Saturday, November 21, 2015

One Size Fits Few

Bless me, Father, for I have sinned. It has been about three weeks since my last Lab IT confession. I have harboured sympathy in my heart for my competitors.

How can this be? Allow me to complain. I mean, explain.

I am often asked why a given LIS is so [insert bad quality here]. Much as I often agree with specific complaints about specific systems, I usually feel a hidden stab of pity for the team which produced the system because that team was asked to provide a single solution (the software) for a large problem area ("the lab.")

The fact of the mater is that the typical case of "the Lab" is not a monolith. It is not even a collection of more-or-less similar parts; rather it is a patchwork of very different subgroups who happen to share a need for a particular kind of work area.

Specifically, the requirements of the different workflows vary over such a large area that I am not surprised that a "one size fits all" approach usually fails: either the one size is the wrong size or the one size is also a collection of loosely-affiliate software modules which interoperate rather poorly.

Consider those requirements: on one end is clinical Chemistry:
  • high volume, low relative cost (although vital to more valuable services)
  • highly automated (very reliable auto-verification and analyzers)
  • significant time pressure
  • well-suited to an industrial approach such as Six Sigma
  • high throughput required, turn-around-time is very important
At the other end is Microbiology or much Genetic and Molecular testing:
  • lower volume, higher relative value
  • difficult to automate
  • poorly suited to industrial process control
  • takes a long time--no way around it
  • yields an often complex result requiring expertise to characterize
 Throw Haematology into the middle somewhere. Immunology is somewhere closer to Microbiology. Slot your favourite lab section into the appropriate place on the fast/simple vs slow/complex continuum.

So how does one provide a solution which is optimized for both of these extremes? Very carefully.

All to often vendors pick a section, optimize for that section and then claim that all others sections are "easier" in some way so most systems are not optimized for most of the users. Why is there so much complaining about lab systems? Because the situation makes it inevitable. Perhaps we should be surprised that there is not more even more complaining about lab systems.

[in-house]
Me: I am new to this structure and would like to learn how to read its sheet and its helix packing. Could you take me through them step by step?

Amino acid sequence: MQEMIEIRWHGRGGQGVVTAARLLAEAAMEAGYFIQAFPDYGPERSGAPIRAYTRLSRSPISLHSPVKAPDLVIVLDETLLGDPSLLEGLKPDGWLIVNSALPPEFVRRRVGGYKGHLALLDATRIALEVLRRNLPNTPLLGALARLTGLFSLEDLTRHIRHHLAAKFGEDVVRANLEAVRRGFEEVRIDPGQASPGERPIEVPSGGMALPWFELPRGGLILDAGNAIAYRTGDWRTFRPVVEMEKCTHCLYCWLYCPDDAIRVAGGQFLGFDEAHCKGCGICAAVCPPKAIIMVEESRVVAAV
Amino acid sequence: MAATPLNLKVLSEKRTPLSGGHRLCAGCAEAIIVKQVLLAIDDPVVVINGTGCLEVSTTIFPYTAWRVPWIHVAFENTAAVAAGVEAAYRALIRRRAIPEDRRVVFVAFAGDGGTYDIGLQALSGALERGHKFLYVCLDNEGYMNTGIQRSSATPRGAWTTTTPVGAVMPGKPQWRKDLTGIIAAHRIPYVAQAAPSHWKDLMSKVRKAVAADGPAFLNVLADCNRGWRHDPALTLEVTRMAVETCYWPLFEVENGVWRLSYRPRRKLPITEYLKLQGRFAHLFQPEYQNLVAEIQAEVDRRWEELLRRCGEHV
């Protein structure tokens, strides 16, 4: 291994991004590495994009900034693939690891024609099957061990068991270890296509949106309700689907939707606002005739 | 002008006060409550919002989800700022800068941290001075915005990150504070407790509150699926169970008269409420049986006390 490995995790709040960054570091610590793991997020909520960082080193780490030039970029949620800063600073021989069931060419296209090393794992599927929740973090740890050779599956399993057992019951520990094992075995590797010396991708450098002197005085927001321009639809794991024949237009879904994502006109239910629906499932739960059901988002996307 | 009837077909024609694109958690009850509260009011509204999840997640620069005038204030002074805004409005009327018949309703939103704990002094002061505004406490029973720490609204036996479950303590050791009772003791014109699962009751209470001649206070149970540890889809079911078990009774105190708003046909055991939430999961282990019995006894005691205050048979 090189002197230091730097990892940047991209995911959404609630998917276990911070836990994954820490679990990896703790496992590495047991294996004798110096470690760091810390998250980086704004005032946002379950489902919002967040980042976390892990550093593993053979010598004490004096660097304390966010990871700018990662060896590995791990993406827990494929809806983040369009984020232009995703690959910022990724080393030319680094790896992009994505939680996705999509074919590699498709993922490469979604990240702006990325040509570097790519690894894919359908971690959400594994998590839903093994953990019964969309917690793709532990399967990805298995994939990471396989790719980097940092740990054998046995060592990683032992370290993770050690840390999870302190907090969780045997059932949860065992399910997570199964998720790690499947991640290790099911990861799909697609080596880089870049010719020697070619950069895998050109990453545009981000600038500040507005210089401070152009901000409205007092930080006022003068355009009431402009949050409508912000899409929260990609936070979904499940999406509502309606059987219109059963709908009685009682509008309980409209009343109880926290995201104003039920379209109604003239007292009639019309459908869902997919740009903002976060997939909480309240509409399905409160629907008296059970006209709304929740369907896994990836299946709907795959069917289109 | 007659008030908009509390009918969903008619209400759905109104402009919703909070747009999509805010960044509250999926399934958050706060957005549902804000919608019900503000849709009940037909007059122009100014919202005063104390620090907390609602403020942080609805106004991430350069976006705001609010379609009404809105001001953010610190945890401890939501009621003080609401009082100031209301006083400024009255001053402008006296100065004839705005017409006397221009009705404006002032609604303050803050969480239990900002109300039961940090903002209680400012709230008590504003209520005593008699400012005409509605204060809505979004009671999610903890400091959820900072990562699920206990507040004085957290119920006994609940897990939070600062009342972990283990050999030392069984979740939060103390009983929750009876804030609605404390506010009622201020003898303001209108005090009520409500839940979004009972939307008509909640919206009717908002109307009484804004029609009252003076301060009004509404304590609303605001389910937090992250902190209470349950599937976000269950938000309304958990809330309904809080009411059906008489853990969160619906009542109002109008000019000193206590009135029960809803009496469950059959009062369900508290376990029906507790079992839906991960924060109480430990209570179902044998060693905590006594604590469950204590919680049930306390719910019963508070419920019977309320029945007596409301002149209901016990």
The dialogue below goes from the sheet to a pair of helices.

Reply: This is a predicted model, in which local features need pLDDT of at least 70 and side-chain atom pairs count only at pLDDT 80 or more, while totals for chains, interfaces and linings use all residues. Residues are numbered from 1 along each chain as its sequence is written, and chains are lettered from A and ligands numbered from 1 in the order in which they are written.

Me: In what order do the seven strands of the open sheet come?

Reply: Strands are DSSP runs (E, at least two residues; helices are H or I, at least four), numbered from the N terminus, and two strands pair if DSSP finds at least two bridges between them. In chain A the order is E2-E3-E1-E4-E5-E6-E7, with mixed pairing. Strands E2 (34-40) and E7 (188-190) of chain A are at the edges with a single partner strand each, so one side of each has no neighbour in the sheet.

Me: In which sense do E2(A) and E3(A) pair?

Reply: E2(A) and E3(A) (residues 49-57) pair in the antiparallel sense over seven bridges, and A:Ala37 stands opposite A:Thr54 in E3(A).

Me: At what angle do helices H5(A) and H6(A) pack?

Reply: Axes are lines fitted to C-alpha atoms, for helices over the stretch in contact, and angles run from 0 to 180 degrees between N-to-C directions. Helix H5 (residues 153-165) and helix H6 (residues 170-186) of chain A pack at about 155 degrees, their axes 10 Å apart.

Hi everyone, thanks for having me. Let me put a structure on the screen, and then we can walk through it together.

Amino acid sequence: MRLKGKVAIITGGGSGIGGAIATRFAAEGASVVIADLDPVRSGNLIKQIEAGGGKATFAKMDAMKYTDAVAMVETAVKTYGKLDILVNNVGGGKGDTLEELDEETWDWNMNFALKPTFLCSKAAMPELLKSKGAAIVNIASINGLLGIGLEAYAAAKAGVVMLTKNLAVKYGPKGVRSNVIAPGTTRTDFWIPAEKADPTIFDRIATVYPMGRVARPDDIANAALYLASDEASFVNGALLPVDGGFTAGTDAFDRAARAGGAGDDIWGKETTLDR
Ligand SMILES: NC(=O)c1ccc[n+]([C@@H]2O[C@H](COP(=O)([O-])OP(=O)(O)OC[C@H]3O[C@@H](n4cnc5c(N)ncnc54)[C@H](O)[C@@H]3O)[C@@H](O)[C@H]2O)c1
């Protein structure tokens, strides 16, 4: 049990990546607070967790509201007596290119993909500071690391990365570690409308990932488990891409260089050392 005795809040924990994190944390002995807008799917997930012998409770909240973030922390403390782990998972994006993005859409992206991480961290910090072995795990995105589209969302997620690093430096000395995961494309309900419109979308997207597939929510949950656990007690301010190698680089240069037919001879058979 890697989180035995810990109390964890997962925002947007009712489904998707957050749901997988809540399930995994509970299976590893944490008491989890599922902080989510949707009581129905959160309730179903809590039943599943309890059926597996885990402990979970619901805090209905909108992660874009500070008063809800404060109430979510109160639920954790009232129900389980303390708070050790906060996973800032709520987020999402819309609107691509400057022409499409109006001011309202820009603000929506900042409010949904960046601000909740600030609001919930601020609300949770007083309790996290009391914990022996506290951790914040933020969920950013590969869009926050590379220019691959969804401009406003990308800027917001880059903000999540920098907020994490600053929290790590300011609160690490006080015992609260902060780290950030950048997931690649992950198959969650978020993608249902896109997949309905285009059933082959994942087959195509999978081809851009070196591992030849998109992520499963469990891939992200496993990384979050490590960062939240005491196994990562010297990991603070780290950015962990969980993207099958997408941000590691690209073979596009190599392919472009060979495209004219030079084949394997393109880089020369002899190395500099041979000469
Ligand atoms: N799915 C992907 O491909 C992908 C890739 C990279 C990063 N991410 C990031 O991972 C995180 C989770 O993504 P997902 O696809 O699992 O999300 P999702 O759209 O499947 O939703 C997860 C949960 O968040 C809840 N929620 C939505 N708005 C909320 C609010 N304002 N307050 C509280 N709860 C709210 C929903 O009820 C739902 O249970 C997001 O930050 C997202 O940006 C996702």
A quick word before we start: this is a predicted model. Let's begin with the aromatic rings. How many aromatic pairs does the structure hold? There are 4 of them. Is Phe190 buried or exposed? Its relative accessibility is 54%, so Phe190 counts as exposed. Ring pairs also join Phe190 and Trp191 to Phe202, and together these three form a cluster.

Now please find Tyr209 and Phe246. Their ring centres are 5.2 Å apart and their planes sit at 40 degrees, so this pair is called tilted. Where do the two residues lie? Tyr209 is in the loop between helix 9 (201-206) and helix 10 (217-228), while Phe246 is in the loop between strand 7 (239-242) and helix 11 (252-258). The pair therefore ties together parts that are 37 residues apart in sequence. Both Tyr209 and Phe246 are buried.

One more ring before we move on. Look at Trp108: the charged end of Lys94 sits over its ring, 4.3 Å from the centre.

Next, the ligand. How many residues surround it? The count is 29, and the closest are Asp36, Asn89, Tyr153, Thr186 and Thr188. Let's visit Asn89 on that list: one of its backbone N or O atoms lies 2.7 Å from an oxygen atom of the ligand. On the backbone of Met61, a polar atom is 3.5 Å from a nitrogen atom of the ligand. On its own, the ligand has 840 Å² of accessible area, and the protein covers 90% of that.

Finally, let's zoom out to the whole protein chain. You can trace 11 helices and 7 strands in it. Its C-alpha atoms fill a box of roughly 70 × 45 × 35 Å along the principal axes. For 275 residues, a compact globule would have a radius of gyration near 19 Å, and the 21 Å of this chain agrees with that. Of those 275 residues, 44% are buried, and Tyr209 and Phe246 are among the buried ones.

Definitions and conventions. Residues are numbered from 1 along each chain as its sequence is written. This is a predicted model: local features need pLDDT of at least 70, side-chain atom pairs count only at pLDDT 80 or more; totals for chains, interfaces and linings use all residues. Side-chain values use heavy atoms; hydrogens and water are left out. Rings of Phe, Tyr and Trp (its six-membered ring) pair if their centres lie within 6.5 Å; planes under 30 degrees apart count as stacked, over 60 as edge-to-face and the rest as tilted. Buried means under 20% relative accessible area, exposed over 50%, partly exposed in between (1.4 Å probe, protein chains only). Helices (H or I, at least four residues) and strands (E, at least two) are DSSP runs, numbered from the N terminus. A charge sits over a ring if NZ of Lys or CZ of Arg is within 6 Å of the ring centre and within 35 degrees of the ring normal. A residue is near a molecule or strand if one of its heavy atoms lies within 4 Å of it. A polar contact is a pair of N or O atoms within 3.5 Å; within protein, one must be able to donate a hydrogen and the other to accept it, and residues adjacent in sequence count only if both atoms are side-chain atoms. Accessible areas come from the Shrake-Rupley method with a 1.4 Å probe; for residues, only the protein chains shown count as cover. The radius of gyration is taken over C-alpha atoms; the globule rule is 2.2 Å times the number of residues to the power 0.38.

Monday, November 2, 2015

EMR Disappointment And Acceptance

This past summer I was on a train in the Paris area and happened to share a train car with someone who was also from the East Coast of the US. We chatted and found out that he was a doctor, which always makes me slightly tense. Sure enough, once I mention that I am a medical information systems specialist we somehow end up on the topic of how bad so many of them are.

Why is that? I assume so many health care professionals have so little regard for their Electronic Medical Records system and other e-tools of the trade because these tools are not very good.

At least these medical informations are not very good at supporting many of their users. These medical information systems probably excel at supporting corporate goals or IT departmental goals.

The specific complaints by my companion on the train were painfully typical:
  • the screen layout is cramped and crowded;
  • the history available on-line is too short;
  • the specialized information (labs, x-rays, etc) are not well presented;
  • the data is biased toward general medicine and internal medicine.
But what struck me about our conversation with his resignation. While we rehashed the usual complaints and frustrations with large Commercial Off-the-Shelf (COTS) systems, he was more resigned than anything else. He just doesn't expect anything more from the software supporting his efforts to deliver clinical care.

We expect great things from our smart phones. We have high standards for our desktops and laptops and tablets. But somehow we have come to accept mediocrity in our systems supporting clinical care. And since we accept it, there is little chance of correcting it.

At least I will have lots to talk about with random clinicians I run into on trains.

Tuesday, August 4, 2015

Too Much Tech, Not Enough Ology

This post is a rant about how the following common ideas combine to make bad IT, especially clinical lab IT:
  • Everyone should express their special uniqueness at all times
  • Tech is hard, ology (knowledge) is easy, so go with the Tech
  • There is always a better way to do it
Alas! I believe that in many clinical lab IT environments, none of these ideas holds true and that the combination of them is toxic.

We Are All Individuals
You may be a special snowflake, all unique and brimming with insight, but engineering is often about doing the standard thing in the standard way, so those who come after you can figure out what you did. Yes, if you produce something truly revolutionary, it MIGHT be worth the overhead of figuring it out, but it might not.

Consider the mighty Knuth-Morris-Pratt algorithm which was a real step forward in text string searching. However, sometimes we don't need a step forward: we need something we can understand and support.The mighty Knuth himself told a story of putting this algorithm into an operating system at Stanford and being proud, as a primarily theoretical guy, to have some working code in production. Except that when he went to see his code in action, someone had removed it and replaced it with a simple search. Because although the KMP search is demonstrably better in many situations, the strings being searched in most human/computer interactions are short, so who cares? Having to maintain code you don't understand, however, is also demonstrably bad. So Knuth had some real sympathy for the sys admin who did this. Engineering is about accuracy and dependability; learn the standard approach and only get creative when creativity is called for (and worth the overhead).